At some point in our lives, just about all of us will undergo some operation or medical complication that needs to be resolved and which, in turn, has to be followed up by a period of recovery.
Fortunately, in this day and age, surgery is more effective and lower in risk than it’s ever been before, and recovery times for minor to moderate procedures is often fairly manageable.
Nonetheless, it can still be tough figuring out how to properly take care of ourselves and go through the recovery process in the best, quickest, and least troublesome way possible, whether we’re dealing with c section recovery or with the ice-cream-heavy recovery that will typically follow a tonsillectomy.
Without further ado, here are a few tips for recovering after an operation or medical procedure.
Tips for recovering after an operation
Rest, but don’t be completely passive
Of course, after an operation, one of the most important things for a quick and successful recovery is plenty. You should by all means book enough time off work, get as much sleep and good food as you feel like you need, and take whatever other steps seem appropriate in order to ensure that you’re in a low-stress environment where recovery can happen unimpeded.
People are generally, but not always, quite good at this part of the equation. Of course, you’ll always have the odd fitness fanatic who thinks it’s a good idea to try and do CrossFit the day after being discharged from hospital, but these types are, fortunately, the exception.
The thing is, however, that while resting, you should not be completely passive, either. Too much passivity can lead to stress all on its own, through extreme boredom, a lack of necessary baseline physical activity, and so on.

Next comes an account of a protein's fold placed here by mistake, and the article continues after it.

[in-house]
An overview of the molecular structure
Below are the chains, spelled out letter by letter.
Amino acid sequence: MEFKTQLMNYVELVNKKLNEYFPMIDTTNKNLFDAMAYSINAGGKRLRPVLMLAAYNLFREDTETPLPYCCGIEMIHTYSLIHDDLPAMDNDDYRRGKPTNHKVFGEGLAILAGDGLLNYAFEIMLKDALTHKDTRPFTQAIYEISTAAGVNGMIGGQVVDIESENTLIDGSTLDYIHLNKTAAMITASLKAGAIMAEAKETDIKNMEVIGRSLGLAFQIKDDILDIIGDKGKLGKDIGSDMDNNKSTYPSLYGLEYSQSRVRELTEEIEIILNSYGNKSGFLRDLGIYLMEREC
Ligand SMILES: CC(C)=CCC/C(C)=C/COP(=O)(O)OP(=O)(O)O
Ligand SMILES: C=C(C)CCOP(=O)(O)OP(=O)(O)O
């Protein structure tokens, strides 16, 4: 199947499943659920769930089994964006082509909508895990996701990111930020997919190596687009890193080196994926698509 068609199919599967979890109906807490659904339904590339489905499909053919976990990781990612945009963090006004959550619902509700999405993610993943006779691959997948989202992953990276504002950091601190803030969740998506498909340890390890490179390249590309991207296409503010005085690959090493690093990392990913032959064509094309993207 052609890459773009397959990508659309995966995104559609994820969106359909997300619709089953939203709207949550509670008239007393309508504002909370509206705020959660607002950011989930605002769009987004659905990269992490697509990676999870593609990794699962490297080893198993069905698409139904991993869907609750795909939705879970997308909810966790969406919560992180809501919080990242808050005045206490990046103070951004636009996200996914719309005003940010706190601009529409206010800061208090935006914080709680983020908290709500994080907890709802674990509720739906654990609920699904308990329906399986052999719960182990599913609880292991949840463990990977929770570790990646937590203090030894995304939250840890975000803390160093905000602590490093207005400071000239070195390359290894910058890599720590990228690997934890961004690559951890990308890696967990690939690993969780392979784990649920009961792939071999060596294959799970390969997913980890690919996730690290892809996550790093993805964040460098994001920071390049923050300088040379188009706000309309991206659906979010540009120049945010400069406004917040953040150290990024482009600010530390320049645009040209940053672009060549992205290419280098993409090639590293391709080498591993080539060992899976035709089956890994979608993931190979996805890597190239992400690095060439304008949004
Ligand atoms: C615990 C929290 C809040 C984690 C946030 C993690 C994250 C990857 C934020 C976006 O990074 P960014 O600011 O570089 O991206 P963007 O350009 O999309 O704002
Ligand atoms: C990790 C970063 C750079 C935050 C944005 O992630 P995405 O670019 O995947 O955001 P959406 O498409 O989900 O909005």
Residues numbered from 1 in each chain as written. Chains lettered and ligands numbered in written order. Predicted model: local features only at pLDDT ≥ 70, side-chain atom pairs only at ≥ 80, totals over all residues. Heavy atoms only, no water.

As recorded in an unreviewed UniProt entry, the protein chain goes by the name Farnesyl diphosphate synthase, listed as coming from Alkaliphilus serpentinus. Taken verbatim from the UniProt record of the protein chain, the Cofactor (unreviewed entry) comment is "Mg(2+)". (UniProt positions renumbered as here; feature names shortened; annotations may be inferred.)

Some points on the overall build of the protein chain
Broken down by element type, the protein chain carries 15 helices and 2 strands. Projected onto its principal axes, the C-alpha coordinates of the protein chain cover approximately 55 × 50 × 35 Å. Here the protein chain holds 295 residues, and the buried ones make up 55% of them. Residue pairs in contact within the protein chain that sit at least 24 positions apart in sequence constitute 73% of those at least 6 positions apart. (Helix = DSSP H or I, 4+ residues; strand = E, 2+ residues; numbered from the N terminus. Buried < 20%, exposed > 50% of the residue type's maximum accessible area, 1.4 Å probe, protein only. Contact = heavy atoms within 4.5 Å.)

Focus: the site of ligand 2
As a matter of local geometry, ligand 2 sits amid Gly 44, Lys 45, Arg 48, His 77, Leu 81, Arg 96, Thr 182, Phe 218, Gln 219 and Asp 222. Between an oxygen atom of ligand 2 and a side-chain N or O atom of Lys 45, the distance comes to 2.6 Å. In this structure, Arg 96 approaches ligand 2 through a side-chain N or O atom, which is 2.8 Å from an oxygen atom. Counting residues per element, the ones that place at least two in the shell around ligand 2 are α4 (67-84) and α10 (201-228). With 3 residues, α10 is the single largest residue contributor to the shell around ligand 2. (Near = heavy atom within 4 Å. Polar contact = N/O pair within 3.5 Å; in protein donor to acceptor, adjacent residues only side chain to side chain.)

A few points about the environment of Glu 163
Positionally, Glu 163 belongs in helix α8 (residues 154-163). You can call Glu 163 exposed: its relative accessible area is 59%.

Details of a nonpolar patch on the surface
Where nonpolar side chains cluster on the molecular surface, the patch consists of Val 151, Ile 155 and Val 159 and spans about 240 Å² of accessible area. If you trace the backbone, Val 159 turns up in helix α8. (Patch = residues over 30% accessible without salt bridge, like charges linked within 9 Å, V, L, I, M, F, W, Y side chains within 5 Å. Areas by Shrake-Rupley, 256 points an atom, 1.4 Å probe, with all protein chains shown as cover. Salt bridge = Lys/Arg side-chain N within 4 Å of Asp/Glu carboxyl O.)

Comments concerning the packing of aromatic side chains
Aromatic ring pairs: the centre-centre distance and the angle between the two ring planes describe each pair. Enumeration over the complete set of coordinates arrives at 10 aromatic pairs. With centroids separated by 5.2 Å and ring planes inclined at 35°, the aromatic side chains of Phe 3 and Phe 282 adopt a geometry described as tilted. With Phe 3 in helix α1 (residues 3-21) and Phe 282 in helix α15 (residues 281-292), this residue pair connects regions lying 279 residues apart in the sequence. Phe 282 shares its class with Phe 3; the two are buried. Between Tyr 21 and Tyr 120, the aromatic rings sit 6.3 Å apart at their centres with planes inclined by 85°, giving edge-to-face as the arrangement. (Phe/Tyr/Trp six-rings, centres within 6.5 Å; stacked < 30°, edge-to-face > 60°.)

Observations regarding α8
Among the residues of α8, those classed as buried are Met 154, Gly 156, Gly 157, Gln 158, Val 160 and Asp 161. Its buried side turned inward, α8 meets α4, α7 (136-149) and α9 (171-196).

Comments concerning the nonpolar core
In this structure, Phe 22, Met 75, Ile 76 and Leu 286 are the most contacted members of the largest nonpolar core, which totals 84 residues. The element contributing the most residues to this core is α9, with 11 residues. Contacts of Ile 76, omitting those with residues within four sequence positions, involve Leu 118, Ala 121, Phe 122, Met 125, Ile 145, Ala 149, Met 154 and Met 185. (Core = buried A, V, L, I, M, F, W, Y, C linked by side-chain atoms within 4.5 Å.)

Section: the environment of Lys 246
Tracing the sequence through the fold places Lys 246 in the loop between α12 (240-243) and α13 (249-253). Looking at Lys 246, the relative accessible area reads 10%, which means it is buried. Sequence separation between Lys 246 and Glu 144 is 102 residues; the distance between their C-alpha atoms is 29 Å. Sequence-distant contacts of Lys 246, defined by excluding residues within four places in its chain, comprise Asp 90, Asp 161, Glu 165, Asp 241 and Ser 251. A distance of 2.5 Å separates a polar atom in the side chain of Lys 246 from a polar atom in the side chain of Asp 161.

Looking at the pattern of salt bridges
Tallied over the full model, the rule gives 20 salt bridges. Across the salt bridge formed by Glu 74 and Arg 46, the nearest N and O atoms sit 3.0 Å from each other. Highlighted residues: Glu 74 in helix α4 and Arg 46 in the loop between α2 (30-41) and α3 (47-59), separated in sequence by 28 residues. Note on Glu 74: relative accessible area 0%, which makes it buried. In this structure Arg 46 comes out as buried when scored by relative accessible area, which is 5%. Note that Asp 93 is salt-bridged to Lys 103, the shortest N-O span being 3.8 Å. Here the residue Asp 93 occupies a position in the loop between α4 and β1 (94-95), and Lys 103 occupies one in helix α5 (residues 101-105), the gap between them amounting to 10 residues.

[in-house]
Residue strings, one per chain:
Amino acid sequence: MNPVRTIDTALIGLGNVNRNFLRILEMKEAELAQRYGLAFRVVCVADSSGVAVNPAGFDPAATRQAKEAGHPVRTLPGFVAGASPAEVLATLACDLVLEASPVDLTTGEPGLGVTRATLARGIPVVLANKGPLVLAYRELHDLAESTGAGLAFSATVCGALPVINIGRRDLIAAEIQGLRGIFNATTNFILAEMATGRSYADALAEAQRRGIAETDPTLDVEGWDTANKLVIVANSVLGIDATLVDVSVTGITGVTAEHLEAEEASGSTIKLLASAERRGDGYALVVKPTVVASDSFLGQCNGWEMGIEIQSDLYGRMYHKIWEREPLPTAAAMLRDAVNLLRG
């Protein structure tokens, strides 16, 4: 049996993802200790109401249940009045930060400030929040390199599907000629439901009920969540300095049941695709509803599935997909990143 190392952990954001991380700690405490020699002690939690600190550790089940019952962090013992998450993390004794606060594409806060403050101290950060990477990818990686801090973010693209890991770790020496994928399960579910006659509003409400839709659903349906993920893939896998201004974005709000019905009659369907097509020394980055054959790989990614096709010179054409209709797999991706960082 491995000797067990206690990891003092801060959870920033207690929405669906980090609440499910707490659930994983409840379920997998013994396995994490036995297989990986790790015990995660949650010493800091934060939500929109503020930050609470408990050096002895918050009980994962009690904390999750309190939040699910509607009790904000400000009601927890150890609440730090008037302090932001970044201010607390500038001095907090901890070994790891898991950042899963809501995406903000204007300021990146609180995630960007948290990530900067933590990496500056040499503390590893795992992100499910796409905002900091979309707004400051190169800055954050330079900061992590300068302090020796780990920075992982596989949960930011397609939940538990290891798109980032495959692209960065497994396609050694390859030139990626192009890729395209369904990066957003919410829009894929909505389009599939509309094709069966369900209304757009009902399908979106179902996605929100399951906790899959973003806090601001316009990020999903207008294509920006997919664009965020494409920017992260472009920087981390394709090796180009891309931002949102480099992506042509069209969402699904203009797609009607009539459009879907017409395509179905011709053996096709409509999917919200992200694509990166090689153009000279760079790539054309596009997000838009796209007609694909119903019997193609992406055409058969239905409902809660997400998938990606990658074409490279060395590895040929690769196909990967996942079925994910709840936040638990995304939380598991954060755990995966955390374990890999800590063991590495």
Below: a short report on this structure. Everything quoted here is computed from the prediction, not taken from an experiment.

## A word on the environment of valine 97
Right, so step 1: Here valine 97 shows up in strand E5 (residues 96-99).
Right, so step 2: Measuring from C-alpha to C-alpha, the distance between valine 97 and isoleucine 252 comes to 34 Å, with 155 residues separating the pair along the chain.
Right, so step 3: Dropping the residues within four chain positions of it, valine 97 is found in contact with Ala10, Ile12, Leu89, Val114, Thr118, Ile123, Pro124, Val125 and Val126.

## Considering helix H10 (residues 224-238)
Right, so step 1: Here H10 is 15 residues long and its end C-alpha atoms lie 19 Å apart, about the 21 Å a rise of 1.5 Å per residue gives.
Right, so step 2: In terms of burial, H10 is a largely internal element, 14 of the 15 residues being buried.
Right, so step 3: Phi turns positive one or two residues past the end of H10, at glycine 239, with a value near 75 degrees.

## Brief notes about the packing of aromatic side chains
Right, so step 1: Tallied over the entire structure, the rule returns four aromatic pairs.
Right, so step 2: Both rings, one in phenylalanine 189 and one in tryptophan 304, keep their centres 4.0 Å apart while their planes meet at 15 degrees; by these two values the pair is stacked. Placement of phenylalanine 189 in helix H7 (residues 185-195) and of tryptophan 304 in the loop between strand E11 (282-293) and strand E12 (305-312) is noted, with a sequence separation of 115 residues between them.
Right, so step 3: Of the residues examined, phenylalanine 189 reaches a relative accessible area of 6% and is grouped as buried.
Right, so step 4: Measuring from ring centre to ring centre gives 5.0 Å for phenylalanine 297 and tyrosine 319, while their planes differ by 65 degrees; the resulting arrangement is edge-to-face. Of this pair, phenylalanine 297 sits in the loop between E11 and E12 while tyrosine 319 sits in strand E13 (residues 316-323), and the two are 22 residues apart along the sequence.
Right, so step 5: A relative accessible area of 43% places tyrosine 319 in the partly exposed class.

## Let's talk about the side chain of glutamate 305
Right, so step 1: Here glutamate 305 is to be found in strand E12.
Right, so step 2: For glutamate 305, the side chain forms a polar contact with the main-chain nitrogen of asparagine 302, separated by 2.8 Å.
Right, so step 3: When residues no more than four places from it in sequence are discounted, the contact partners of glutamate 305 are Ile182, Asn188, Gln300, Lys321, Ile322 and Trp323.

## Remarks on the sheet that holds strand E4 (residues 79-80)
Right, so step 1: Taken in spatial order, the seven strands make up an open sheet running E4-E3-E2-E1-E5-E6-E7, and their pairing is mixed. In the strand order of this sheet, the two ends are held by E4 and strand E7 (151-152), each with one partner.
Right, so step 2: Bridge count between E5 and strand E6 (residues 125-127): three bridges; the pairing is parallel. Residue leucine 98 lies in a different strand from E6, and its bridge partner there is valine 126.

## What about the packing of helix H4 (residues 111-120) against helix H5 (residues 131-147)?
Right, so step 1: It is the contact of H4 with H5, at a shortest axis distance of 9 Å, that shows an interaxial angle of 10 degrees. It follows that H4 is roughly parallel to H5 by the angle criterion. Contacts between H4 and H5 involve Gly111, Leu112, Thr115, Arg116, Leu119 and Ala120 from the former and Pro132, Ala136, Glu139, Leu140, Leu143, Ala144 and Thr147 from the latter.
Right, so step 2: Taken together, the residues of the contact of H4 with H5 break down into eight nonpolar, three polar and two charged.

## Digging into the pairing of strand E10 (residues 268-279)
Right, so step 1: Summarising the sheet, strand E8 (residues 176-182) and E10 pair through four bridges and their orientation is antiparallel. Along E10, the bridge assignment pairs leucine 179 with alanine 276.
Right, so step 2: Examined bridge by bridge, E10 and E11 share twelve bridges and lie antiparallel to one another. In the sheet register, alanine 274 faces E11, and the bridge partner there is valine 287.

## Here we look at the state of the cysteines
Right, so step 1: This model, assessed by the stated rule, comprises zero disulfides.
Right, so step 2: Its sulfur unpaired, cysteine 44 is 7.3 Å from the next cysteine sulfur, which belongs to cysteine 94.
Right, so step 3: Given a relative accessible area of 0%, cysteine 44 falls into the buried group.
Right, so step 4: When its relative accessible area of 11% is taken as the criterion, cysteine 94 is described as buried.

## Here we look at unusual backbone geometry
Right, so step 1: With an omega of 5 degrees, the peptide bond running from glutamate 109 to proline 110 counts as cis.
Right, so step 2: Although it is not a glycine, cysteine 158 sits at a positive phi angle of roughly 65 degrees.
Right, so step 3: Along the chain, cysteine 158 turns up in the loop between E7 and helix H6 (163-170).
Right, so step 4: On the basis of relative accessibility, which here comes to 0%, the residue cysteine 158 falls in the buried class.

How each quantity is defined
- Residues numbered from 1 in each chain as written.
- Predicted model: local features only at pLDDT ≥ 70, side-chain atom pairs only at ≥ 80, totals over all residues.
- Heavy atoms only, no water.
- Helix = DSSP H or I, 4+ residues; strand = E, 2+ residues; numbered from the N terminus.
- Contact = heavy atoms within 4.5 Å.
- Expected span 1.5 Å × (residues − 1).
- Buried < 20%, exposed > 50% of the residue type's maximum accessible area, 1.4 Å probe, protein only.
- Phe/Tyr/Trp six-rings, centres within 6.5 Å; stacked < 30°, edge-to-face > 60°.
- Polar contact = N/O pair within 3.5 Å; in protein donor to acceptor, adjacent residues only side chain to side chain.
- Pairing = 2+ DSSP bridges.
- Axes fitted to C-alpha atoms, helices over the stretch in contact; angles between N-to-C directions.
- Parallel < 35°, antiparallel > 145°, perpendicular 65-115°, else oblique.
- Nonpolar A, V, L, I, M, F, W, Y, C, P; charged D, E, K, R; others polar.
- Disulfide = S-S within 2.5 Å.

While recovering, engage your mind by reading books and watching interesting shows, for example. And try and move around the house a bit each day, too.
Stay in touch with family and loved ones and lean on them for support
Family and loved ones are often indispensable in the recovery process, and can provide a wealth of emotional support that can improve health all on its own.
Family and loved ones may also be able to help in more direct, practical ways, too. Such as, for example, by helping you to move around or by shopping for you if you are experiencing limited mobility.
Try and arrange things so that, if at all possible, you have your partner, or a trusted relative or friend, on hand to help you out during your recovery period.
Use your “downtime” to plan for the future
To avoid feeling like you’re wasting your time, and therefore to avoid becoming despondent, stressed, jaded, and depressed, during your downtime, you should keep your eyes fixed on the future.
Specifically, you should use some of your
What do you want to accomplish once you’ve recovered significantly? How are you going to go about accomplishing it? What will your daily systems and routines look like?
Simply developing a meaningful and valued goal and plan for the future can aid the recovery process dramatically, and keep spirits up during a tough period.